Media has helped teens and tweens thrive during the pandemic
Published: February 3, 2022
By: Michael Robb
As the second year of the COVID-19 pandemic winds down, worries about how much time kids are spending in front of screens continue to dominate the conversation around media use during the pandemic. Disruption to school and social activities is still pushing a lot of daily life online. But as we do more research and understand exactly how kids have been engaging with media since the pandemic began, we also continue to see just how vital media of all types — entertainment, social, creative — has been for our kids to get through a very tough time.
Common Sense Media’s latest report from the Common Sense Census — The Role of Media During the Pandemic: Connection, Creativity, and Learning for Tweens and Teens — takes a closer look at how tweens and teens have been using entertainment media to keep their connections and their creativity alive when their worlds are so disrupted. This report brings kids’ voices into a discussion that to this point has only included the adults in their lives. Here’s what Common Sense Media learned from them about their media use:
Entertainment media helped tweens and teens cope with the pandemic. A large majority said it was important for boosting their moods (84%), staying connected to friends and family (83%), and simply having fun (91%). To stay connected with their friends, tweens and teens reported that they played video games together online, hung out with others on video chat, watched TV shows or movies together online, and attended virtual groups like clubs or classes.
Kids proactively turned to media to keep learning and expressing their creativity, even when outside of school. Tweens and teens used media to learn something they were interested in (78%), to create (53%), or to share something with others (39%). And this online learning and creativity was not related to work they were doing for school.
Boys and girls did not participate in media activities equally. Overall, 70% of tweens and teens played video games with others to connect, 56% hung out with others on video chat, and 40% watched TV shows or movies together online during the pandemic. But boys and girls showed interest in different types of activities.
For example, boys played video games online with friends more often than girls (71% of boys versus 41% of girls said at least once a month), while girls participated in video hangouts with friends more often (40% of girls versus 31% of boys said at least once a month).
Tweens and teens have found some silver linings to the pandemic, but they’re also ready to return to a more “normal” media balance. When asked “what’s one thing about your life, if any, that changed for the better during the pandemic,” the number-one answer by far was some version of “spending more time with family.” And no matter how engaging media has been for kids during this time, it has also reinvigorated their desire and appreciation for connecting in person. Nearly half of the kids in this survey reported they wanted to spend time with friends in person more often than they did before the pandemic, while 33% want to get together “about the same.” Only 12% said “less often.”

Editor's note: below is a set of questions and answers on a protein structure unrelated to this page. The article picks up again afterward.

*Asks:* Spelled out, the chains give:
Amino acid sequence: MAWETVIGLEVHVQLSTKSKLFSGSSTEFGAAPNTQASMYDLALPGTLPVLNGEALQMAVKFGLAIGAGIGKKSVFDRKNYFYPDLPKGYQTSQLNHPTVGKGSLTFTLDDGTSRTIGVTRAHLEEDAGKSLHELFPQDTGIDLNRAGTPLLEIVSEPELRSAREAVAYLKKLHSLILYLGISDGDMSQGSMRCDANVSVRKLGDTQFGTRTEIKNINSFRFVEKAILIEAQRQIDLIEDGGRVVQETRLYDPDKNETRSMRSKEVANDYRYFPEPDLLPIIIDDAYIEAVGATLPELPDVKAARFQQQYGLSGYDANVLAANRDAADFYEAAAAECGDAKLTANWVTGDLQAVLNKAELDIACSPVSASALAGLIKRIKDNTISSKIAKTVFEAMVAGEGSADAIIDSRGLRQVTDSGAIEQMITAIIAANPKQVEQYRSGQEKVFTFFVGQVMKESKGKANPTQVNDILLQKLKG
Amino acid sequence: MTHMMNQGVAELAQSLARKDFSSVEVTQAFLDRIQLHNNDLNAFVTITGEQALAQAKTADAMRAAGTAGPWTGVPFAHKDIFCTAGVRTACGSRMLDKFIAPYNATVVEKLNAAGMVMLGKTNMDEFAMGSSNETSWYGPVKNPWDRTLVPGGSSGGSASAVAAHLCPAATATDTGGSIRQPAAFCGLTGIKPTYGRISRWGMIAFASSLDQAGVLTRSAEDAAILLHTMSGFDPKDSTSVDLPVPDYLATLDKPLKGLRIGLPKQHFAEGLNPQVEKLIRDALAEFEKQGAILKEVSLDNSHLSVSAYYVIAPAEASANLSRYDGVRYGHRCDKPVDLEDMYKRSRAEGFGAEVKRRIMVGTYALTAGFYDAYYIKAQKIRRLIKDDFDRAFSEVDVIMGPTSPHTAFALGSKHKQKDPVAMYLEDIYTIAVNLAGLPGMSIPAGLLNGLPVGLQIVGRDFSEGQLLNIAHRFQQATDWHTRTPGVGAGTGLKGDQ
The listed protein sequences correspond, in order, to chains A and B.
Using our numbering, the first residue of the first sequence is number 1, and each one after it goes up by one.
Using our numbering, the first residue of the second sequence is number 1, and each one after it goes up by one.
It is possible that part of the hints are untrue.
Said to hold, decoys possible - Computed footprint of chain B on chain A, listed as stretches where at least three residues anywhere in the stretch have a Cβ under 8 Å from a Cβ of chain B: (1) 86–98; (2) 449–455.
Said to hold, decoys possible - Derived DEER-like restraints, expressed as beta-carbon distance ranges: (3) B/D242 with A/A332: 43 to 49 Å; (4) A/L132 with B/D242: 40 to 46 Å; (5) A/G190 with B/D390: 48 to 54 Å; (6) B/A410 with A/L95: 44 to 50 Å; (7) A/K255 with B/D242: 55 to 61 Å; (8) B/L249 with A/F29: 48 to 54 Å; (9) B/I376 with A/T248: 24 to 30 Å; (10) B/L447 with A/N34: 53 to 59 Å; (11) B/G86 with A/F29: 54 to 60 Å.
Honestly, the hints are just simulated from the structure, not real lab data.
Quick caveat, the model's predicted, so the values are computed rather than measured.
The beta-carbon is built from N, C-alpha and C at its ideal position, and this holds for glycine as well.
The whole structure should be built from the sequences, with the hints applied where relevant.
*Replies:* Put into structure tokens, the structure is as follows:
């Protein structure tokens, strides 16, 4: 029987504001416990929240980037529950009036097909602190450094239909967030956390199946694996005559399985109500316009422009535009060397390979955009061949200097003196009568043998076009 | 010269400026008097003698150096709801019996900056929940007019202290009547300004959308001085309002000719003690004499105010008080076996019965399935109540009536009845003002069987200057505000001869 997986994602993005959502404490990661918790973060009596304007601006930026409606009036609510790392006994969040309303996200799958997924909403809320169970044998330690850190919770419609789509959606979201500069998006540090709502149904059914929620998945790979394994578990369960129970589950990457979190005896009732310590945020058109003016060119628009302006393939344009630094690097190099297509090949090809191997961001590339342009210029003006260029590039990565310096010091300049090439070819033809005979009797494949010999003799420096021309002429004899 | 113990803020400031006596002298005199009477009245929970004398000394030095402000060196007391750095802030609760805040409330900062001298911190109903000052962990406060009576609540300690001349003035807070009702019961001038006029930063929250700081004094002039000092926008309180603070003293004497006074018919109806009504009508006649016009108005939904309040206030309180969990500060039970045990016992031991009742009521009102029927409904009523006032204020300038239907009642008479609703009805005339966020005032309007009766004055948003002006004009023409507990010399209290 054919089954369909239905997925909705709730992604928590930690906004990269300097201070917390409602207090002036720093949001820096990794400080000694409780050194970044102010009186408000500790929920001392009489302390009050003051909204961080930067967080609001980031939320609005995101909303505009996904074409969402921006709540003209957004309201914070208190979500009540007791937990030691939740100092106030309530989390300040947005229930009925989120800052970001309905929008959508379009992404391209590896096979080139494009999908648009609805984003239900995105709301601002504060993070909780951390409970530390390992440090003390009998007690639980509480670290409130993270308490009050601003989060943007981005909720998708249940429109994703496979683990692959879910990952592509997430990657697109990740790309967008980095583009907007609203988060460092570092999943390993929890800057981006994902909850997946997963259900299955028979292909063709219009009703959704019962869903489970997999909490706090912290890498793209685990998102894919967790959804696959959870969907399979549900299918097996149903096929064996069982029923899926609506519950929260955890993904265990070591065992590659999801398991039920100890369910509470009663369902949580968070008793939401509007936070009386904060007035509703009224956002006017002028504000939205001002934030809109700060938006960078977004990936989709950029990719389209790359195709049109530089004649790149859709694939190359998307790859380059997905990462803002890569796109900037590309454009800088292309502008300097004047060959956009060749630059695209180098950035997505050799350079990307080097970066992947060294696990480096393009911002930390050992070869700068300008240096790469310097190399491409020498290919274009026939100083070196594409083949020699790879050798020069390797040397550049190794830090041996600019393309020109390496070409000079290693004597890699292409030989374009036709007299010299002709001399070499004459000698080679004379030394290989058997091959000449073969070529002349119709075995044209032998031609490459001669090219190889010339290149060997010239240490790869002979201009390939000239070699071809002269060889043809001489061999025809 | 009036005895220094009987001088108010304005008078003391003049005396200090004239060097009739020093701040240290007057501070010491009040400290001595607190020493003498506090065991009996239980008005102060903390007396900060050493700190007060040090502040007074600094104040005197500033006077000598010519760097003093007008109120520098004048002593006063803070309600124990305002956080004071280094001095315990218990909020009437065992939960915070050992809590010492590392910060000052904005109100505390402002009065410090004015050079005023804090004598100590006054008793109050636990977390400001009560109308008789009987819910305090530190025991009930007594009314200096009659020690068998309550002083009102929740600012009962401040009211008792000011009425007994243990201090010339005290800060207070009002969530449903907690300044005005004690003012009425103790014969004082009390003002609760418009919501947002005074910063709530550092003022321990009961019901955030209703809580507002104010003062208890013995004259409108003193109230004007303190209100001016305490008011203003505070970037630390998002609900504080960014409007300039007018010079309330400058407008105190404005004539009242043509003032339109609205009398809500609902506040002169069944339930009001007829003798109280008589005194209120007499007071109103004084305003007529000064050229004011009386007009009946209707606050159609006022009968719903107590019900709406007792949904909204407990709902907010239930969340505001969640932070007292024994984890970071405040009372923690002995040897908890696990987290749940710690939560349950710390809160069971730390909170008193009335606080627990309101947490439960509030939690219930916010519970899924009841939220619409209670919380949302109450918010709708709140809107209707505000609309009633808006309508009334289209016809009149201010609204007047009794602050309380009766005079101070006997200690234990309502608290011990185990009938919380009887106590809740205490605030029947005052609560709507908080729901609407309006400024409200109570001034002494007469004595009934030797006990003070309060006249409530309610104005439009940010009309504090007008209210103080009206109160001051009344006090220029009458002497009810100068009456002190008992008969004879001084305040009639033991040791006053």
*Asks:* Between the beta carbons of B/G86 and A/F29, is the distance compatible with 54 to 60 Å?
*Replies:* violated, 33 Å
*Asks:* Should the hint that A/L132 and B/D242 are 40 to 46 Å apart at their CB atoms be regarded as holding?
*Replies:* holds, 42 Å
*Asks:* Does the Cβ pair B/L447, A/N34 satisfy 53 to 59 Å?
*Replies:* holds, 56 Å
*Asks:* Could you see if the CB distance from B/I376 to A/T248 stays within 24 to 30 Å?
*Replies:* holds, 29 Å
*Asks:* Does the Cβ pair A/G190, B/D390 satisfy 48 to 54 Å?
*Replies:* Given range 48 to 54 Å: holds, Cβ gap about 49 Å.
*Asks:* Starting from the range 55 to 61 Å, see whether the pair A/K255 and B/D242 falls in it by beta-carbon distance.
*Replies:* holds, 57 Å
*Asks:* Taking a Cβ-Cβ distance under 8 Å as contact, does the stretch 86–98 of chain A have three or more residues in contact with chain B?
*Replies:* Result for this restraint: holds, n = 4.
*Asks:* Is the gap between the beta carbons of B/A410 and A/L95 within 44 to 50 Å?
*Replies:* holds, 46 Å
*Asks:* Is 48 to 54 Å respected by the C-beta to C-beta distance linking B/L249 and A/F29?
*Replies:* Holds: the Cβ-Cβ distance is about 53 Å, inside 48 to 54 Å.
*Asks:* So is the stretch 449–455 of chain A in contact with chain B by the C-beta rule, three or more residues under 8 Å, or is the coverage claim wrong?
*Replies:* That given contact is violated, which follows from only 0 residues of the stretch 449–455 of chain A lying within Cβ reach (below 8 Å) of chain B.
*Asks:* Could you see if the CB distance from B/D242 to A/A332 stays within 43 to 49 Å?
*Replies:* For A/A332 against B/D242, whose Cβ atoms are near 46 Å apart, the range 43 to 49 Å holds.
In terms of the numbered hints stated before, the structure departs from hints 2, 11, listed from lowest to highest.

This report reinforces the value of why it’s so important to elevate the good stuff in media by highlighting the shows, games, apps and books that engage, inspire and represent everyone equally. It also serves as a reminder that when kids turn to media, they need to enter a space that is safe, healthy and free of hate speech and misinformation.
As parents, caregivers and educators, we should be careful not to demonize screen use. Media has played a very fundamental role in helping kids get through a long and often lonely time, and in that way, technology and media really matter. But despite how engaging media has been for kids during this time, many are ready for a return to connect in person, and a more “normal” media balance. In fact, 41% felt they spent too much time on their screens.
As we head into 2022, with the potential of returning to some aspects of pre-pandemic life, it should be reassuring for parents, teachers and caregivers to see that kids are ready to realign their balance of media to make room for other aspects of a healthy life.
*The data in this report is from a nationally representative, probability-based online survey of 1,318 young people (ages 8 to 18) in the United States.
This story was reprinted with permission from Common Sense Media.